“I felt like what they did was wrong,” she said. “If they could do that to us, I wondered how many other places could that have happened.”

In a statement released Saturday night, Esser said McCain had beat Huckabee 26 percent to 24 percent. The latest tally provided to the Associated Press had McCain winning 3,468 precinct delegates to Huckabee’s 3,226 a difference of 242 out of nearly 13,500 who had been elected at that point.

Huckabee trails McCain, the presumptive Republican presidential nominee, in the overall race for delegates, but has vowed to stay in the race until a candidate earns the 1,191 delegates needed to win the nomination.

Washington state’s Republicans have yet to allocate the 40 delegates it will send to the national convention in Minneapolis-St. Paul from Sept. 1-4.

Washington is the only state where Republicans use both the primary and caucus results to allocate delegates. About half of the delegates will come from the presidential primary on Feb. 19, with the remainder coming from the caucus and convention process.

The Associated Press contributed to this report.

Reporter Jerry Cornfield: 360-352-8623 or


n Barack Obama wins the Maine Democratic caucuses. Page A3

n Hillary Rodham Clinton still has the lead among superdelegates. Page A3

Talk to us

More in Local News

Two snowboarders head up the mountain in a lift chair on the opening day of ski season at Stevens Pass Ski Area on Friday, Dec. 2, 2022, near Skykomish, Washington. (Ryan Berry / The Herald)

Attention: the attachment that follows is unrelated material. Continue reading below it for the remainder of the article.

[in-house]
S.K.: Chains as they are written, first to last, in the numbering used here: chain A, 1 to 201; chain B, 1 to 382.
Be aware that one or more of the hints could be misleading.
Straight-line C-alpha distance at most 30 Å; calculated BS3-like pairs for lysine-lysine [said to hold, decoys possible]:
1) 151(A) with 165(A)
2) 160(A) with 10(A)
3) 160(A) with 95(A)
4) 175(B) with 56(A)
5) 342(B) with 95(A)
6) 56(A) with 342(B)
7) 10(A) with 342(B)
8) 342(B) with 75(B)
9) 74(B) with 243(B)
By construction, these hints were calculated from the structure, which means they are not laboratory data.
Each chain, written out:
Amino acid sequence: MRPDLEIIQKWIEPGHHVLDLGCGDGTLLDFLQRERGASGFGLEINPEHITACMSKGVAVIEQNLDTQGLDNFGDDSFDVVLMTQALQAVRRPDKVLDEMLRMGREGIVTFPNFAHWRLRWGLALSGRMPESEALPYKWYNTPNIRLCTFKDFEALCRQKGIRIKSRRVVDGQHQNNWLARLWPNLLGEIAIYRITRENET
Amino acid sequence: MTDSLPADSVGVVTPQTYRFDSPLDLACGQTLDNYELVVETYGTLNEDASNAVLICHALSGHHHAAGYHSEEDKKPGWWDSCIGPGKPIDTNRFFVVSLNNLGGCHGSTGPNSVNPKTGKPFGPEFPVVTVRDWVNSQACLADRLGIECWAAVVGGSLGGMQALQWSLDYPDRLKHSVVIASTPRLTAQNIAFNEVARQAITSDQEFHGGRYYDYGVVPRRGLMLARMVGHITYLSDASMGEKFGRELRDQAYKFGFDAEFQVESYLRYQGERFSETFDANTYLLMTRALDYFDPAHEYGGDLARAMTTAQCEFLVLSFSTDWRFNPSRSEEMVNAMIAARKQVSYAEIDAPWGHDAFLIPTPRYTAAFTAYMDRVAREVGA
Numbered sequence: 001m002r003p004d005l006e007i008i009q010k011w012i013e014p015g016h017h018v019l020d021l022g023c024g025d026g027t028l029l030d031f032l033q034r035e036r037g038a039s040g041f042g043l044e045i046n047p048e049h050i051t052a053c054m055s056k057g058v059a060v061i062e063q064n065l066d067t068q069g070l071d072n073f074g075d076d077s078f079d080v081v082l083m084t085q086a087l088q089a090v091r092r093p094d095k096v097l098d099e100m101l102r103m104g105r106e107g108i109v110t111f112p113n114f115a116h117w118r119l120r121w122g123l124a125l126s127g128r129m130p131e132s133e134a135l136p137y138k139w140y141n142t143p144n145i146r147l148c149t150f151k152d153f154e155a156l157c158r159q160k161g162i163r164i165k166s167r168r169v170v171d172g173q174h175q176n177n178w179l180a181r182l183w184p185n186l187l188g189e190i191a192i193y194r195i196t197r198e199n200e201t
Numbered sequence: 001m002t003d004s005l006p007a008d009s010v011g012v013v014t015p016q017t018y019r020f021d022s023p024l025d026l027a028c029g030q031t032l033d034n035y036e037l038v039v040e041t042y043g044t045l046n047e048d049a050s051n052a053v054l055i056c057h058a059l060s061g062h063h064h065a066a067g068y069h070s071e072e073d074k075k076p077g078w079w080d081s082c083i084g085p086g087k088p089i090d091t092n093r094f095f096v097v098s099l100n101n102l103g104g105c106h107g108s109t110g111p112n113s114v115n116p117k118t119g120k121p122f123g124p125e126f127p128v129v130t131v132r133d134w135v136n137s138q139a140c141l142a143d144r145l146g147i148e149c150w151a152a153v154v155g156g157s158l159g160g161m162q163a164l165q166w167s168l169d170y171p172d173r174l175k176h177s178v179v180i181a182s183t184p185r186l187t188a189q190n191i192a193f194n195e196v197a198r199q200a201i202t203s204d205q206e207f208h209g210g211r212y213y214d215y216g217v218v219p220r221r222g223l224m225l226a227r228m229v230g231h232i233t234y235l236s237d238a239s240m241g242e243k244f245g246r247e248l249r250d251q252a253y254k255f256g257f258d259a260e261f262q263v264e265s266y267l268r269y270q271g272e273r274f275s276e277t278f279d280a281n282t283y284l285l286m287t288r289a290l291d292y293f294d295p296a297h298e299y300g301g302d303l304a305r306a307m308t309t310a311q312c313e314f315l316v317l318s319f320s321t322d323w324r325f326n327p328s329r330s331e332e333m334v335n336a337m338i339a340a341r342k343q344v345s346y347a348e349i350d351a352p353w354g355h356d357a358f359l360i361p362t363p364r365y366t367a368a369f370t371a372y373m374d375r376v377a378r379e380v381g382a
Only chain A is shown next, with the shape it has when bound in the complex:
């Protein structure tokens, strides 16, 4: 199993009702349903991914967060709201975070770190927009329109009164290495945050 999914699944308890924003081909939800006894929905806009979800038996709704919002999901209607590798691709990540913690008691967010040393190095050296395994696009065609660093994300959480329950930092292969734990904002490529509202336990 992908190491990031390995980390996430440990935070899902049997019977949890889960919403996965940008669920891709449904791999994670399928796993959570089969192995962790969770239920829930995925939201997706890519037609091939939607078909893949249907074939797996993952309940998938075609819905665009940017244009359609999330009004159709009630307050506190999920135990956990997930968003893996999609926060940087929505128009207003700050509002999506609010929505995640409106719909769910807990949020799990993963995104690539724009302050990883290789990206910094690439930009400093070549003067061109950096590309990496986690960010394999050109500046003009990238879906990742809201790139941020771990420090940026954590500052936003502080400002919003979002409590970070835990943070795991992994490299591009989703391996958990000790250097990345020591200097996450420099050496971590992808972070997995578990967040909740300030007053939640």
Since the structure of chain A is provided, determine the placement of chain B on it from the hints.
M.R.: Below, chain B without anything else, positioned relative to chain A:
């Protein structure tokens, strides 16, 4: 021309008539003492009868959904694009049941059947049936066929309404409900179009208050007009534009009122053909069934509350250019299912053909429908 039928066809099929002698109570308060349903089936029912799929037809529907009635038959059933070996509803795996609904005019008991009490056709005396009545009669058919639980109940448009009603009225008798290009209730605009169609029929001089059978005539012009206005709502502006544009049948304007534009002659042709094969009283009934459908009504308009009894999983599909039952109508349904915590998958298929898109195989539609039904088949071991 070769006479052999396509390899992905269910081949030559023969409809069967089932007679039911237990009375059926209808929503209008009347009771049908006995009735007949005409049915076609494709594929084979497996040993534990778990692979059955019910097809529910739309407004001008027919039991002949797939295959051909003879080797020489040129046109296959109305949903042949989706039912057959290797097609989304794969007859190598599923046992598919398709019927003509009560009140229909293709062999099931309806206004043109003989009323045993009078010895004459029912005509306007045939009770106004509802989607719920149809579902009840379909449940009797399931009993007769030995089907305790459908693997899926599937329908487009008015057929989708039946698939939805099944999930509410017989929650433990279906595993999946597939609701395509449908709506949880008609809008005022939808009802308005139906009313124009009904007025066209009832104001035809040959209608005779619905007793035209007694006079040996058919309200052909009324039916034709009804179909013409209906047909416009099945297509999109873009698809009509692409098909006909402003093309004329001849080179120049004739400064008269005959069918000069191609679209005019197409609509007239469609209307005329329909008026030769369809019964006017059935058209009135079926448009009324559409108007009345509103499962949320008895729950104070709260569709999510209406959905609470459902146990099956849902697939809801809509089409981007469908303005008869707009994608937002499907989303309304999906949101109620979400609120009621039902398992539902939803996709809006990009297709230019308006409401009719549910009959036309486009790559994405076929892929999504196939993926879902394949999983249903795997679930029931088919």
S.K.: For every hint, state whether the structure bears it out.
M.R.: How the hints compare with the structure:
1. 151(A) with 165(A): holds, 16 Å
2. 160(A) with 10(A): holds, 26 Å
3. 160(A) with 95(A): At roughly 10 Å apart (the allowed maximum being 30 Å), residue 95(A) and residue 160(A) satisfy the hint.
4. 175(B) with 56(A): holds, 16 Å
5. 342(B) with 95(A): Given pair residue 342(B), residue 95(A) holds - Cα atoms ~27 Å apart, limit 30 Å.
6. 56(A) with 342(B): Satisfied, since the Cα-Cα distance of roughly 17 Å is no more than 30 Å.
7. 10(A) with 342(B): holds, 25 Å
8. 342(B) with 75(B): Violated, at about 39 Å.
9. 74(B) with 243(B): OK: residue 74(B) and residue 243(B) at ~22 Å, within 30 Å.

Ski season delayed at Stevens Pass due to minimal snow

Resort originally planned to open Dec. 1. But staff are hopeful this week’s snow will allow guests to hit the slopes soon.

Siblings Qingyun, left, and Ruoyun Li, 12 and 13, respectively, are together on campus at Everett Community College on Thursday, Oct. 19, 2023, in Everett, Washington. The two are taking a full course load at the community college this semester. (Ryan Berry / The Herald)
Siblings, age 12 and 13, are youngest students at EvCC campus

Qingyun Li was 11 when he scored a perfect 36 on the ACT test. His sister, Ruoyun, was one point away.

Edmond’s newly elected mayor Mike Rosen on Wednesday, Nov. 15, 2023 in Edmonds, Washington. (Olivia Vanni / The Herald)
Mayor-elect Rosen wants to ‘make Edmonds politics boring again’

Mike Rosen handily defeated incumbent Mayor Mike Nelson. He talked with The Herald about how he wants to gather the “full input” of residents.

A speed camera facing west along 220th Street Southwest on Tuesday, Nov. 21, 2023 in Edmonds, Washington. (Olivia Vanni / The Herald)
Traffic cameras, and tickets, come to Edmonds; Mukilteo could be next

New school zone cameras in Edmonds will begin operating in January. Mukilteo is considering enforcement cameras as well.

A person walks their dog along a flooded Old Snohomish Monroe Road on Tuesday, Nov. 16, 2021 in Snohomish, Washington. (Olivia Vanni / The Herald)